“To write often means remembering what never existed. So how can I know what has never existed? Like this: as if I were remembering. By an effort of memory, as if I had never been born. I was never born. I have never lived. But I remember, and remembering is like an open wound.”
In my mind, Other Stories seems like a translation of Lispector’s thoughts into a work of photography. You’ve made fictions out of remembering, shot memories that will never exist as complete truths. “An Effort of Memory” could have even titled your project. What do you think about this quote? Do you find any connections in it to Other Stories?
Absolutely, thank you for sharing that quote. I was introduced to Clarice in recent years. Similar to Castaneda, I knew there was a conversation there to begin, but it wasn’t the time. Now the time to dive into Clarice’s work has come, but I am not so interested in reading Castaneda anymore.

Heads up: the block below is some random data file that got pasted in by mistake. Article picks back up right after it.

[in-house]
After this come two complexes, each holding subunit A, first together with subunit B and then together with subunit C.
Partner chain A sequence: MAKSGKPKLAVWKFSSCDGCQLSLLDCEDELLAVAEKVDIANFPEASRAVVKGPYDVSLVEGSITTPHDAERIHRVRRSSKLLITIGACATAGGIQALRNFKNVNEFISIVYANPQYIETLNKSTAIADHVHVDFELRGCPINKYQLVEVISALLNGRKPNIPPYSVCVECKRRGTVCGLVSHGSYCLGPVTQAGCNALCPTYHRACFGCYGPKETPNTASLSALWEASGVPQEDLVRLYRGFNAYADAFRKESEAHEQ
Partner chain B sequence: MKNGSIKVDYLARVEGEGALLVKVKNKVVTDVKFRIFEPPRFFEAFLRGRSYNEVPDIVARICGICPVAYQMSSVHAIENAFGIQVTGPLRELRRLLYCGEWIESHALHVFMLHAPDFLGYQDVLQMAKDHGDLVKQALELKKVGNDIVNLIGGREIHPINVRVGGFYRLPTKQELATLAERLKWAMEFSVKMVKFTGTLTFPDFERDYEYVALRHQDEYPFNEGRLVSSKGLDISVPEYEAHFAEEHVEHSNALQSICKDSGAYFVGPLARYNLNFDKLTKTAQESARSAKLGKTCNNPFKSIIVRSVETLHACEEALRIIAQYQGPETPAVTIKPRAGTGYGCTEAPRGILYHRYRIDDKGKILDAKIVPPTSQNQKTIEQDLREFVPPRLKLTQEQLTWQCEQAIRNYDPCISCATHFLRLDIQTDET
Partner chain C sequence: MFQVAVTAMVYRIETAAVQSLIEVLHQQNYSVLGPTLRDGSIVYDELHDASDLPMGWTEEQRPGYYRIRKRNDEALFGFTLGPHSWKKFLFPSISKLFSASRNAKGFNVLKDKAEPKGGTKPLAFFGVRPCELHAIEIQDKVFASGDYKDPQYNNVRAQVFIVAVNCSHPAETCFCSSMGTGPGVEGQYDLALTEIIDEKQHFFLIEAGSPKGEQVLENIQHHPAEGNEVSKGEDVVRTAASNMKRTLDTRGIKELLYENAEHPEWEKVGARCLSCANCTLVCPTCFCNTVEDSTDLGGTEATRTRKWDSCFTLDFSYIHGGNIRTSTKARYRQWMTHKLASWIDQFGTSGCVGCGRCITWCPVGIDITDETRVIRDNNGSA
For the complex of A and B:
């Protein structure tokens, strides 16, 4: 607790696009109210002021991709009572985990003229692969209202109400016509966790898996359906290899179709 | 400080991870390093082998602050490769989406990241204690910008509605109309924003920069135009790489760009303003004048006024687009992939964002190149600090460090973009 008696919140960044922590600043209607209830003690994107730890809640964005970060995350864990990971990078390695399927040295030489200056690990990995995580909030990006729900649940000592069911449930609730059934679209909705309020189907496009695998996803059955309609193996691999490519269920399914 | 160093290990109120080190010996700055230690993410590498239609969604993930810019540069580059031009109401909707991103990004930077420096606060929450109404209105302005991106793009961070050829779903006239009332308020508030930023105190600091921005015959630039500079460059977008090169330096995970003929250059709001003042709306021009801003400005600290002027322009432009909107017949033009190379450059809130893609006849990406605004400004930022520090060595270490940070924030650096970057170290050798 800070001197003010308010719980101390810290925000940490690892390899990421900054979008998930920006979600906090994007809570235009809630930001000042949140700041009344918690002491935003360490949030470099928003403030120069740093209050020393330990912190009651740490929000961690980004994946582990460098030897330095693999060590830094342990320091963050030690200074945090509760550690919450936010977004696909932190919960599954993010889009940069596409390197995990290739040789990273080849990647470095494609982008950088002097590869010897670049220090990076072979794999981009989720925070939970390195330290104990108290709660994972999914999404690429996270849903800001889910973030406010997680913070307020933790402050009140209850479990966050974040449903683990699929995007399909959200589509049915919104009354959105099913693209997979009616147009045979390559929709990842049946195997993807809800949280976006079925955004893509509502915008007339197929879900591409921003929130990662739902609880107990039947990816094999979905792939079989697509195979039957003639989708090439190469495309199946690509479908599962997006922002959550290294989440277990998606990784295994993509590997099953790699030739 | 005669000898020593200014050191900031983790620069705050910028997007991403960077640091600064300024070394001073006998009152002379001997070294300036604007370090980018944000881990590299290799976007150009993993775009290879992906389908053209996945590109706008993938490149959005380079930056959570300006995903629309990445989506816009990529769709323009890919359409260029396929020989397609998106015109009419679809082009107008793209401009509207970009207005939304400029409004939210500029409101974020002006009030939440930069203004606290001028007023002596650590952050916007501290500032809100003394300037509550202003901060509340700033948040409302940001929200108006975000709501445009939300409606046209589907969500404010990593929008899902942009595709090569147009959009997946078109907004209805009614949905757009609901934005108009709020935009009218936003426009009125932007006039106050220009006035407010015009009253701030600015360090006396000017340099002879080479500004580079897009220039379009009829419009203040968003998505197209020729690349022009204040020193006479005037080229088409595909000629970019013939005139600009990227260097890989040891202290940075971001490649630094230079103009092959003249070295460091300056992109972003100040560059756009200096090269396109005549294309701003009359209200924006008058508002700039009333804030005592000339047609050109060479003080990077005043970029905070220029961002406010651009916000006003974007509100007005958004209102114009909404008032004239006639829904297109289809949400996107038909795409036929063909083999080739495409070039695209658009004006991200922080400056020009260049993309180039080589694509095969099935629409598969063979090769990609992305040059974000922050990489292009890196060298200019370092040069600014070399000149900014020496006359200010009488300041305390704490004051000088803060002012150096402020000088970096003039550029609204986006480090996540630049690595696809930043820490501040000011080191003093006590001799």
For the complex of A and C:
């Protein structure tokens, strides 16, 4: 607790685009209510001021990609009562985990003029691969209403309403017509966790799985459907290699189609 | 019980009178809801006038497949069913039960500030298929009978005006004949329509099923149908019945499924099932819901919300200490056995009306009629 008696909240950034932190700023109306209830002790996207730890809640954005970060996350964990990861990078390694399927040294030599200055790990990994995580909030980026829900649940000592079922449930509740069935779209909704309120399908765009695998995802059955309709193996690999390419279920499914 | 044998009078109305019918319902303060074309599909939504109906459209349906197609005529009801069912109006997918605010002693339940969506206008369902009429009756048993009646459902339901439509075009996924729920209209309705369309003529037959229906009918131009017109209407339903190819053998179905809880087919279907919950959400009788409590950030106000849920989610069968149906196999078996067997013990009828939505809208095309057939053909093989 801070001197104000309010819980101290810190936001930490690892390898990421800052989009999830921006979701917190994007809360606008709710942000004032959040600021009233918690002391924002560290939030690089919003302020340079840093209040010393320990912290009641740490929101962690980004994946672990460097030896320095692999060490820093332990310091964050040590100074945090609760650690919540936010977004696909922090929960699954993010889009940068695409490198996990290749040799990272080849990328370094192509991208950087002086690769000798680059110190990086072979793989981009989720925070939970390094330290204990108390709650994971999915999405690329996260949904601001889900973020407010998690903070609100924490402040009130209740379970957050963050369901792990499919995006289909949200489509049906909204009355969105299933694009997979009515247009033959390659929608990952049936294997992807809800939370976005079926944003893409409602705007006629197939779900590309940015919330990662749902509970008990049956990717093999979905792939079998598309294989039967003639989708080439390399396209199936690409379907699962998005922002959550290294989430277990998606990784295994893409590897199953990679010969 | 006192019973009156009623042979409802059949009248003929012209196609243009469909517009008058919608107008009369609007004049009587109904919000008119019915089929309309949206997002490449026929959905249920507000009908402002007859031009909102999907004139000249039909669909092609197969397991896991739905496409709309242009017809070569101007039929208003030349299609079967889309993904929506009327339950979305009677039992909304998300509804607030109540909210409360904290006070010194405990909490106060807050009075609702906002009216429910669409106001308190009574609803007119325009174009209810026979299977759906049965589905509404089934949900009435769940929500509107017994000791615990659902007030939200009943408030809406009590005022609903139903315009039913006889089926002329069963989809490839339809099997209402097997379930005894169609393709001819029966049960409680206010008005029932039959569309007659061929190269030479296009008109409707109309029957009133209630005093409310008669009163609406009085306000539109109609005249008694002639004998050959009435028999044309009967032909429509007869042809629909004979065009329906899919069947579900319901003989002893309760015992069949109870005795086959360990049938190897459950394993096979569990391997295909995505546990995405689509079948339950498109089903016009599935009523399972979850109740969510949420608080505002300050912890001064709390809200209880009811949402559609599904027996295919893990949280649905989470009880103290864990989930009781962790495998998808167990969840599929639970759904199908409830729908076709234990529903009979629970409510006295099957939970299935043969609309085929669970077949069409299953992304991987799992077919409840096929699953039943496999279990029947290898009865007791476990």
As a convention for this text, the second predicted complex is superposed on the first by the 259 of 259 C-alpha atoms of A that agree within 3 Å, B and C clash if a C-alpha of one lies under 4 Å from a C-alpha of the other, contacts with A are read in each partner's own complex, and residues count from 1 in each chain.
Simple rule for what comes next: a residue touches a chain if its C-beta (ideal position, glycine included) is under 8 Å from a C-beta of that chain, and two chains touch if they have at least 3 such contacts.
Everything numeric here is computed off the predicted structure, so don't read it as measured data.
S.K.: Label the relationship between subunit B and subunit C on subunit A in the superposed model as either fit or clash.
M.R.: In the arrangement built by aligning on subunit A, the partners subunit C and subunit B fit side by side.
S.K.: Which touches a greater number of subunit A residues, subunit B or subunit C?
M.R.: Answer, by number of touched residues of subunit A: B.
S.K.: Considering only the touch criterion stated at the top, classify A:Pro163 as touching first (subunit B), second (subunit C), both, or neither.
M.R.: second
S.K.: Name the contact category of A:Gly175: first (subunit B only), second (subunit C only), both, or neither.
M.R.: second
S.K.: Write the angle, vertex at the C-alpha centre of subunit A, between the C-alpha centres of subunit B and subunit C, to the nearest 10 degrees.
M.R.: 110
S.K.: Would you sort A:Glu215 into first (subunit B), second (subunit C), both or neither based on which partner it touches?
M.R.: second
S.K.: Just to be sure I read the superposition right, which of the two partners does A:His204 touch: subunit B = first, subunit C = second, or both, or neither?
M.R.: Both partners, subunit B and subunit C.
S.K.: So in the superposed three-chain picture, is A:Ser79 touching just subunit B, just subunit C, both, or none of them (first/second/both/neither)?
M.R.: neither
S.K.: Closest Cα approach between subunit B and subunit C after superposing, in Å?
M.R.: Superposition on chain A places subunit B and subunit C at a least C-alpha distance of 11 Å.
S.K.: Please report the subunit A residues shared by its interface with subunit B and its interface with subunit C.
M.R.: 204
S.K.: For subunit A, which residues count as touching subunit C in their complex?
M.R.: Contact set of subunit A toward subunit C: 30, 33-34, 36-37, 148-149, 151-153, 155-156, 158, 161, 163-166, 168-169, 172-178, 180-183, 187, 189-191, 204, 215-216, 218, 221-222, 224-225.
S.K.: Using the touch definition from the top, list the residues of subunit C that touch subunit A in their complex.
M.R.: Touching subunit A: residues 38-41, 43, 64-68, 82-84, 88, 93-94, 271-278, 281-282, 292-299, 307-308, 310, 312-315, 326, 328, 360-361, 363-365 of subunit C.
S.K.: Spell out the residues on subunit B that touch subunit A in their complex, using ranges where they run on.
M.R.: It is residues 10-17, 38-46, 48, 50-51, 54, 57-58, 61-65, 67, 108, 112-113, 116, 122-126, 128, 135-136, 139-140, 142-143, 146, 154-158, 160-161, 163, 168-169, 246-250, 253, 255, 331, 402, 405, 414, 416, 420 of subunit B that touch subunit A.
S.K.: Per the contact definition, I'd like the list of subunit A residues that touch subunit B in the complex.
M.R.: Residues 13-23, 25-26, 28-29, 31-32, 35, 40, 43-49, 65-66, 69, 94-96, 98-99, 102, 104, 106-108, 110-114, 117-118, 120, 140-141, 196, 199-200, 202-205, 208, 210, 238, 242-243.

One last question. You’ve said that one of your role models in life is your family’s bittersweet laughs. I love that answer. Could you explain your answer more fully? How does your family’s bittersweet laughter inspire your work?
My family’s bittersweet laugh comes from my time living at Bliss St. with my aunts, my grandmother, and several women with children that left their imprints on the walls. It was a rich and deeply transformative time; a lot of awareness of my roots and my family, which blossomed into a greater idea of community. Here, I come to your first quote: the unbearable anguish of living is visceral because there is also an inextinguishable craving for life, a bittersweet laugh.
All images © Karen Miranda Rivadeneira
Check out all of Karen’s memory photography work on her website!